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In Soviet Russia...

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1,080
Came across a really old thread on TDPRI last night. Discussion of USSR guitars, they seem to have been created in a vacuum (not much American Influence) with interesting and sometimes hilarious designs. General consensus is that they sounded horrible, but I can't help but stare at a few of them, like the Orfeus Rocket.

The site below is still up! Check it out!

http://www.meatexz.com/cheesyguitars/
 

blowery

Member
Messages
2,321
Wow, those tonika's are terrible. I like this quote:

What they've made is an unplayable super-heavy guitar with sick body shape, thickest neck you'll ever find and sound suitable for anything but music.





Here's the TGP special!
"telecaster" F holes, sunburst paint P90's, ashtray cover....all thats missing is the Princeton amp next to it and pictures taken with artsy filters from your iphone in indirect sunlight from your vacation house. :D

 

Papanate

Member
Messages
19,822
That is not an ashtray cover - that's from a JazzBass.
And on the headstock - I recall seeing those bars on Japanese
cheapsters in the 70s. I wonder if this particular builder
bought out a manufacturers odd stock or something?


"telecaster" F holes, sunburst paint P90's, ashtray cover....all thats missing is the Princeton amp next to it and pictures taken with artsy filters from your iphone in indirect sunlight from your vacation house. :D

 

Digidog

Member
Messages
2,806
I guess that if a musician was found to play a guitar that looked too American, they risked being sent away to a neck shot. Also I think that they could not sound too much like western guitars, since that would have been deemed "bourgeois" and "denying the true sounds of Soviet greatness"; also equal to being sent off.

I'm not kidding. The reasons for being sent to Siberia or to a neck-shot cellar at Ljubljanka were sometimes so futile and absurd that it's hard to believe.

I guess the Soviet electric guitar builders there were, did what they could, with what they had, under circumstances that never should be allowed to return to any society.
 
Messages
1,080
They have a vintage vibe. But I wouldn't want one. I wonder what they sound like?

I think this spacey 60s look is cool. Look at how skinny that neck is! If modern aftermarket parts could make the sound passable...You'd surely be the only kid on the block with one of those.
 

PixMix

Member
Messages
2,327
I would totally rock one of those Tonikas. I friend of mine got a bass in excellent condition for next to nothing, shipped from Russia. I think they're so ugly, they're actually cool.
 

bealtown

Senior Member
Messages
843
Those guitars are ugly compared to what we have but you have to look at them in the Soviet visual context that goes back to the Revolution. The Bolsheviks promoted all kinds of artwork to promote an aesthetic that manifested a visual lexicon of "revolutionariness". In 2-dimensional art they invented Suprematism which is highly influential these days in print because it conveys a sense of excitement and disruption (a commie trope so handily coopted to capitalism's self-promotion). I would be quick to admit that much Soviet architecture expresses the brutsl ugliness and inhumanity of Soviet political ideas that include willfully destroying the old just because it's old and the horrid idea of the creation of the new man, homo sovieticus.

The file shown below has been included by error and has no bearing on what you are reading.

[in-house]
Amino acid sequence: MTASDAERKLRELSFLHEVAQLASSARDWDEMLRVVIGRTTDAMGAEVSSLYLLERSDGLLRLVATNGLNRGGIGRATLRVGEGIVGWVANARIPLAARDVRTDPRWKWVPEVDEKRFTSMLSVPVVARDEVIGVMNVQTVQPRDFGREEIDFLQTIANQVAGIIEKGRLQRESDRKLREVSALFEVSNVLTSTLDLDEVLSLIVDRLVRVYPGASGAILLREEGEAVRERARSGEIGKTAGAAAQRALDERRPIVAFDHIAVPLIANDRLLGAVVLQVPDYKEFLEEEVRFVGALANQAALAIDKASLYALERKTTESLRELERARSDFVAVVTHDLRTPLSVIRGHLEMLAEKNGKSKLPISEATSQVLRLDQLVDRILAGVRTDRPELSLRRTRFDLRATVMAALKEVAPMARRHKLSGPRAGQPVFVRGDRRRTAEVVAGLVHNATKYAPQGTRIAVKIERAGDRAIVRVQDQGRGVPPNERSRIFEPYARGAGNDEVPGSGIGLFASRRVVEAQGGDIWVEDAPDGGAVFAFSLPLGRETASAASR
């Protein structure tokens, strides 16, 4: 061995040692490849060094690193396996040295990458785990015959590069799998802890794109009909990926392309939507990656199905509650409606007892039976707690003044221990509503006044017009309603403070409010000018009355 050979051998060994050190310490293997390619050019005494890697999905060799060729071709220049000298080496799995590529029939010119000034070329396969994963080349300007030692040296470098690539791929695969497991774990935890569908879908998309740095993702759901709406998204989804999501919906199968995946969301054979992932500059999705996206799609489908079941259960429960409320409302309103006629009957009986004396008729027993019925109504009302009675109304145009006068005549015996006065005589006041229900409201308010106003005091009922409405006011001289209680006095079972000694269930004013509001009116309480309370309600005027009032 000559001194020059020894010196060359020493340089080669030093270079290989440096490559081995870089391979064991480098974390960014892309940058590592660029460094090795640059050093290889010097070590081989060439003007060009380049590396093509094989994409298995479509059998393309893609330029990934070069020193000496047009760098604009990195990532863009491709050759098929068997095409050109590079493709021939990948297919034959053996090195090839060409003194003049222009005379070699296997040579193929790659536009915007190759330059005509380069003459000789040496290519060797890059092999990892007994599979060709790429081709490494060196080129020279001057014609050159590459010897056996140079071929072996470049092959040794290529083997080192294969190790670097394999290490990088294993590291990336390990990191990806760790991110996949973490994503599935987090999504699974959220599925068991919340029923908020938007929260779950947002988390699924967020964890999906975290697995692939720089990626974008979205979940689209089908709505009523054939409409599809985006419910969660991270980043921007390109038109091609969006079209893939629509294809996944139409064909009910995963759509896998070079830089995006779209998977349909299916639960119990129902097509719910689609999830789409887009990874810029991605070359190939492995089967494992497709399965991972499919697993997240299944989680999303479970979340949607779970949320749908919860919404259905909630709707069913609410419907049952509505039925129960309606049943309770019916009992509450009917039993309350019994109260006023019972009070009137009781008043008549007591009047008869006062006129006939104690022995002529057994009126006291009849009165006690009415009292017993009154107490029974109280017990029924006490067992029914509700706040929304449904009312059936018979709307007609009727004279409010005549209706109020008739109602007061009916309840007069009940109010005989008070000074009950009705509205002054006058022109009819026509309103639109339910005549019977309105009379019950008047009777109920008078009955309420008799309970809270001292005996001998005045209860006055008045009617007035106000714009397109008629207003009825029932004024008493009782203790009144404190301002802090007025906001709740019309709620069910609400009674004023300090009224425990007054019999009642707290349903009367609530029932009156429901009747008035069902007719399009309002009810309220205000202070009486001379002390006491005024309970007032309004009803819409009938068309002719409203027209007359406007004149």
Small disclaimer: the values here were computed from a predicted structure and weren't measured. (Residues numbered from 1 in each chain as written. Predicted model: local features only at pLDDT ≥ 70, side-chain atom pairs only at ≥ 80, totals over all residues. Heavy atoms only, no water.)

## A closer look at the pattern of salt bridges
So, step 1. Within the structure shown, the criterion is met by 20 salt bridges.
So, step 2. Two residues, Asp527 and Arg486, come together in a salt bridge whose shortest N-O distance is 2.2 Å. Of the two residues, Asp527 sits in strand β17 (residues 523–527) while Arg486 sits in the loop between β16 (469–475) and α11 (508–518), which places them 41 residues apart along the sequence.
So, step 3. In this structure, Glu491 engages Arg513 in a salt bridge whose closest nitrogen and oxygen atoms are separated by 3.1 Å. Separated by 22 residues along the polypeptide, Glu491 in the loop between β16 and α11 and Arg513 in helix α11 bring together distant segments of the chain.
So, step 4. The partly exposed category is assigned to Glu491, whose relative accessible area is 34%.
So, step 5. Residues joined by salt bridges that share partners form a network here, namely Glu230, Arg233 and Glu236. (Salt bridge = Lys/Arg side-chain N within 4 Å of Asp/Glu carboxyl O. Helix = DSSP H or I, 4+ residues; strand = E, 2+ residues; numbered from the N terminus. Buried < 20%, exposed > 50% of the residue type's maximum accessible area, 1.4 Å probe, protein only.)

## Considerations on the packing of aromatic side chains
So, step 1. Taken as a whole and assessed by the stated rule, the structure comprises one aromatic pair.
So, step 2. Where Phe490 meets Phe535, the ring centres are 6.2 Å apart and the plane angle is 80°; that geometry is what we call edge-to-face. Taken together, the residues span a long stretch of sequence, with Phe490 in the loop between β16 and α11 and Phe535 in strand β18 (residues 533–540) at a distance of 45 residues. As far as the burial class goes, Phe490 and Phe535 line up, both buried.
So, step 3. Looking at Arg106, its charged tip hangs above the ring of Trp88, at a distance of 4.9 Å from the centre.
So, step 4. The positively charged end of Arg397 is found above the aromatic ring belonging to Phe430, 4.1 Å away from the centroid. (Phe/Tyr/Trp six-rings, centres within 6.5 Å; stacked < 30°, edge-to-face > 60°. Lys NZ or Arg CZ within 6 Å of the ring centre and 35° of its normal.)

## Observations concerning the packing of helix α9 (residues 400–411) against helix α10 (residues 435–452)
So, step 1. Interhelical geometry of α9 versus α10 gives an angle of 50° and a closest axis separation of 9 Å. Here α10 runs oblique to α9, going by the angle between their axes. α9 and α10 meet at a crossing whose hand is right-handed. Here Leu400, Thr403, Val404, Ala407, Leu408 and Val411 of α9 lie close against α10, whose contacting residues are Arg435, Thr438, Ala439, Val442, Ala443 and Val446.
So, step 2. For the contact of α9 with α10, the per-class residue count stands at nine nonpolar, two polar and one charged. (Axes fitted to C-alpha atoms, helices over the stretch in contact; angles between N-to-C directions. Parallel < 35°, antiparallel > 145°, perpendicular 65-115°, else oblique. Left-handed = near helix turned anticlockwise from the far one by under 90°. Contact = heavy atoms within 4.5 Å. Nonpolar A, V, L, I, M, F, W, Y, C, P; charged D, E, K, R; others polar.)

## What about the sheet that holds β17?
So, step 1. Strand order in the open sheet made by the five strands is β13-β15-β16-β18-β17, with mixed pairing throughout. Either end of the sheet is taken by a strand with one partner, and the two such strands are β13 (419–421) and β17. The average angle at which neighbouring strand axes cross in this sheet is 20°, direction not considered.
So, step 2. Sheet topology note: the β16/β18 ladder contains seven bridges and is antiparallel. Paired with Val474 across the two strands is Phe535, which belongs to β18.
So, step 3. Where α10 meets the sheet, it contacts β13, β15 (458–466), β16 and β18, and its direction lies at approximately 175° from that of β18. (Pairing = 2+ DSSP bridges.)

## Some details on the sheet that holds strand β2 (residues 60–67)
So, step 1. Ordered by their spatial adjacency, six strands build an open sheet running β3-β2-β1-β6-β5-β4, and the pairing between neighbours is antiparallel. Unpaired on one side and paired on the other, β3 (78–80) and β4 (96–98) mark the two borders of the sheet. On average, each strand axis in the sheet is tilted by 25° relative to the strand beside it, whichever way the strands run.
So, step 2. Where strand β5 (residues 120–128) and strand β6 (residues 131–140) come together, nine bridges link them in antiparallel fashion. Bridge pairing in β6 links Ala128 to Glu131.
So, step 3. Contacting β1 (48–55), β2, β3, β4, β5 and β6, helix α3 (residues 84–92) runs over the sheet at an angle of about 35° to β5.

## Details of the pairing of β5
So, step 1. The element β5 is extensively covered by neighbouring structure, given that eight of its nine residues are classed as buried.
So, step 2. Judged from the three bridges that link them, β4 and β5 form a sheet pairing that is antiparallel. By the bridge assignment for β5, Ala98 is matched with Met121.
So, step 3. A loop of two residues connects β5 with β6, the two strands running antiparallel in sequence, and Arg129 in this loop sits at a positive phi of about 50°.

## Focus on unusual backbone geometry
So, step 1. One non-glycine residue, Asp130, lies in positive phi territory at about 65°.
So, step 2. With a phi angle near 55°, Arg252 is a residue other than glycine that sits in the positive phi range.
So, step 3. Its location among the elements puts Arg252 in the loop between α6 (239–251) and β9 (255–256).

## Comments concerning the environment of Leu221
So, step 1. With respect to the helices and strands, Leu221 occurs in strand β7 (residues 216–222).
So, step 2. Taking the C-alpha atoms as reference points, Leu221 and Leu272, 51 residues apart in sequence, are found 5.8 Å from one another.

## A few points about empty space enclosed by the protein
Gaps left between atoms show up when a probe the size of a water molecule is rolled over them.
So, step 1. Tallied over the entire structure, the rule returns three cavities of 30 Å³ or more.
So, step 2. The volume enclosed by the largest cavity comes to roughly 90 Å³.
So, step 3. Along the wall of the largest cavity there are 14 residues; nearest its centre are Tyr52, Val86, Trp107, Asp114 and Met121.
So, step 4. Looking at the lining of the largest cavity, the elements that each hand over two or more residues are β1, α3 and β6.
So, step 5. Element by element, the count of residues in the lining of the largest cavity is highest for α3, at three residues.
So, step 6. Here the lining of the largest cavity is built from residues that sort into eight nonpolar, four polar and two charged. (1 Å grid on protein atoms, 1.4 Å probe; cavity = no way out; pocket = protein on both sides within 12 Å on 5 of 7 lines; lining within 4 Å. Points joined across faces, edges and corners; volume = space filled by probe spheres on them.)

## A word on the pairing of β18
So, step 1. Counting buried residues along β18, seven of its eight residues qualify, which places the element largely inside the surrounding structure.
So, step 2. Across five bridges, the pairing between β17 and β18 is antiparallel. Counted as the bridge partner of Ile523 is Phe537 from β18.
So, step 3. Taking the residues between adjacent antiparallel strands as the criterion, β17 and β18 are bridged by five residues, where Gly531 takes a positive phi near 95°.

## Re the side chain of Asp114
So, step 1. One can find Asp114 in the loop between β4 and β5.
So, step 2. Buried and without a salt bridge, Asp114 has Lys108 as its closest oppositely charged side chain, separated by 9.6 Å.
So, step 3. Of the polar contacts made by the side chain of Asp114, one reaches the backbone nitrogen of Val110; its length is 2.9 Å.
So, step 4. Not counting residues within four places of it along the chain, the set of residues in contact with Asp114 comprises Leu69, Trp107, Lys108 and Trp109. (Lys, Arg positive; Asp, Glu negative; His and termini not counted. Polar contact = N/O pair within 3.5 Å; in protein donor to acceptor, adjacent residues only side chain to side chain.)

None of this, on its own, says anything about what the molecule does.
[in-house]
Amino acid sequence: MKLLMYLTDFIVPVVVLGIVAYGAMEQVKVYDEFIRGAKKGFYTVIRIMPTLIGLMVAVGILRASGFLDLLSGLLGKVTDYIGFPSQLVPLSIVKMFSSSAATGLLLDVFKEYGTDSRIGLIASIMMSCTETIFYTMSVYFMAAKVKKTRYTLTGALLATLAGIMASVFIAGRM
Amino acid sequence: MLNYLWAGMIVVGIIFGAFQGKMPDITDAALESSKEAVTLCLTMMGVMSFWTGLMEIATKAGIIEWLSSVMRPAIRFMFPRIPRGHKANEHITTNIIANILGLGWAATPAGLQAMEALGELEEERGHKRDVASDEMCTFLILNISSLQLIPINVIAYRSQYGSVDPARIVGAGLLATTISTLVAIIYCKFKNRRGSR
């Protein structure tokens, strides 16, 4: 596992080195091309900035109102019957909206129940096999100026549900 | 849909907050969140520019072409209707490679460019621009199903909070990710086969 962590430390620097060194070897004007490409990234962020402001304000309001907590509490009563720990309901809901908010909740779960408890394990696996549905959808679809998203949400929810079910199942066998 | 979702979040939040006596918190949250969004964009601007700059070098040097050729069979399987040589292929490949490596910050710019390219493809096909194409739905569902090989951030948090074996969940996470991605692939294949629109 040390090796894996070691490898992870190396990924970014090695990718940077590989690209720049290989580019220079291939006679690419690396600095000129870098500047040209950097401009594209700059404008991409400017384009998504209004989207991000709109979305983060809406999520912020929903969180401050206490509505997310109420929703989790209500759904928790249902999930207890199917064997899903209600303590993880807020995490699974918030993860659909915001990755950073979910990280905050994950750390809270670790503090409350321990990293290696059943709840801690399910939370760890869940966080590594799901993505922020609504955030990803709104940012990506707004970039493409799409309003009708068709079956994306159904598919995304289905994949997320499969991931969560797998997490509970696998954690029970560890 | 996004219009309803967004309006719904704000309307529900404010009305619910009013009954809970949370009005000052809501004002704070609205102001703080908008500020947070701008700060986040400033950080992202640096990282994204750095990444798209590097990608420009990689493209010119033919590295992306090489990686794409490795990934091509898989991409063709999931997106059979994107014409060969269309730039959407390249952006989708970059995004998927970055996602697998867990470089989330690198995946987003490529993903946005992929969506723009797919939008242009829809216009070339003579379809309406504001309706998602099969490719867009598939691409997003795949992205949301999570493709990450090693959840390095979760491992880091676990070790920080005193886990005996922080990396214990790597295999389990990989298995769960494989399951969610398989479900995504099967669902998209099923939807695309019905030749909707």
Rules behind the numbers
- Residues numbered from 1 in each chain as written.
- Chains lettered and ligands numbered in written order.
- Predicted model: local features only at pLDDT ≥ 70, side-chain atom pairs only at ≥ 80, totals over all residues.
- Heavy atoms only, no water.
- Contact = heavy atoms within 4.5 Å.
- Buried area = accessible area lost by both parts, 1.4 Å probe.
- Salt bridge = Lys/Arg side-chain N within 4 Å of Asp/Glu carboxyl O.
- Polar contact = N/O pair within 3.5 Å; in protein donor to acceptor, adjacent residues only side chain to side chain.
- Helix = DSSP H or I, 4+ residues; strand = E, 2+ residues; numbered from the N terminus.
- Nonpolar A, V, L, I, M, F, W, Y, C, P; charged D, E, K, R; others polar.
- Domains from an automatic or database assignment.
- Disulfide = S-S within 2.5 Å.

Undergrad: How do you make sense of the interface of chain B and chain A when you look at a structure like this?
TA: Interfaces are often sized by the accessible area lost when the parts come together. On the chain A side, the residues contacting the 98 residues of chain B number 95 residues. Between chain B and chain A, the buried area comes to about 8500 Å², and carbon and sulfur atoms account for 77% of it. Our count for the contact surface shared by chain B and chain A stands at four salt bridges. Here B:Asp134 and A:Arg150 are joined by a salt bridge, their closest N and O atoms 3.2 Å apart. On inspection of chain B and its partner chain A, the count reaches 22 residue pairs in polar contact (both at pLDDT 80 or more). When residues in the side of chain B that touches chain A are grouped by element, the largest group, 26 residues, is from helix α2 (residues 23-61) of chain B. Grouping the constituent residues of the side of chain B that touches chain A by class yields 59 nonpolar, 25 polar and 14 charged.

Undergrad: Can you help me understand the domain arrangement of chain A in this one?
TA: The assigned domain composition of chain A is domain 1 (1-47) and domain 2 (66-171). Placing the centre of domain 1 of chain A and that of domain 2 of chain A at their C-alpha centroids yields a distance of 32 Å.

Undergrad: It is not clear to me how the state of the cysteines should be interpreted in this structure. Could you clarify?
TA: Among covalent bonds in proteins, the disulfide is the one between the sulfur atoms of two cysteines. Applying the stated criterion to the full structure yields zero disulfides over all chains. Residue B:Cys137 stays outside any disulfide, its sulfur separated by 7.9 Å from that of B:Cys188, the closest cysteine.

The malformed 'kithara sovieticus' may be a purposeful expression of sov aesthetic ideology, or merely an accident. In the USSR there was this sovietizing project that extended into every aspect of life. Musicmaking was a fertile field for sprouting the ideological seed of collectivization, etc. into the wheat of daily consumption. For instance, folk ensembles of two or three were pumped up into huge orchestras with dozens of instruments, scaled up or down to produce a wide pitch range - the Osipov Balalaika Orchestra is something we've heard. They did this with Central Asian and Caucasian musical cultures and everywhere in the USSR. The Russian idea of substantial solidity and togetherness (or more accurately, unamimity) was a prime export to the Small Peoples' Republics.
But when we come to electric guitars, we are talking Late Soviet, where the state got involved in the technology of entertainment and leisure. There's a great deal of the artifacts of this culture still around, which era launched many brilliant musical careers (check out the young Alla Pugacheva- HOT visually and musically). The politicians hired artists and artisans to populate the realm of popular culture making use of the language they'd developed since the Revolution. They built Lunaparks all over the USSR and hired youth directors to keep kids happy and safe, and promoted bands to play dance music that expressed a sov sense of fun. Of course it had to be futuristic, but not cruel or overtly rebellious - that would risk going beyond Socialism's boundaries. Notice a lack of points or sharp edges on any of the designs above. Suggestion of phallic propulsion, sleek and smooth (sort of) but not weapon-like. It's almost like they didn't want the kids to be able to play very good music but just have fun bashing out something with a beat. Soviet and Russian craft culture is nothing to sneer at, so I am guessing these guitars were not the product of an awful lot of thought, since the marketing horizon was so low and also without what we would consider risk.
It would be interesting to listen to recordings made with such instruments. Does anyone know of any examples?
 
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stevieboy

Clouds yell at me
Gold Supporting Member
Messages
38,285
Way too many Strat headstock copies there to say they didn't have much American influence.

I love them. Even the ones I hate. Maybe especially the ones I hate.
 






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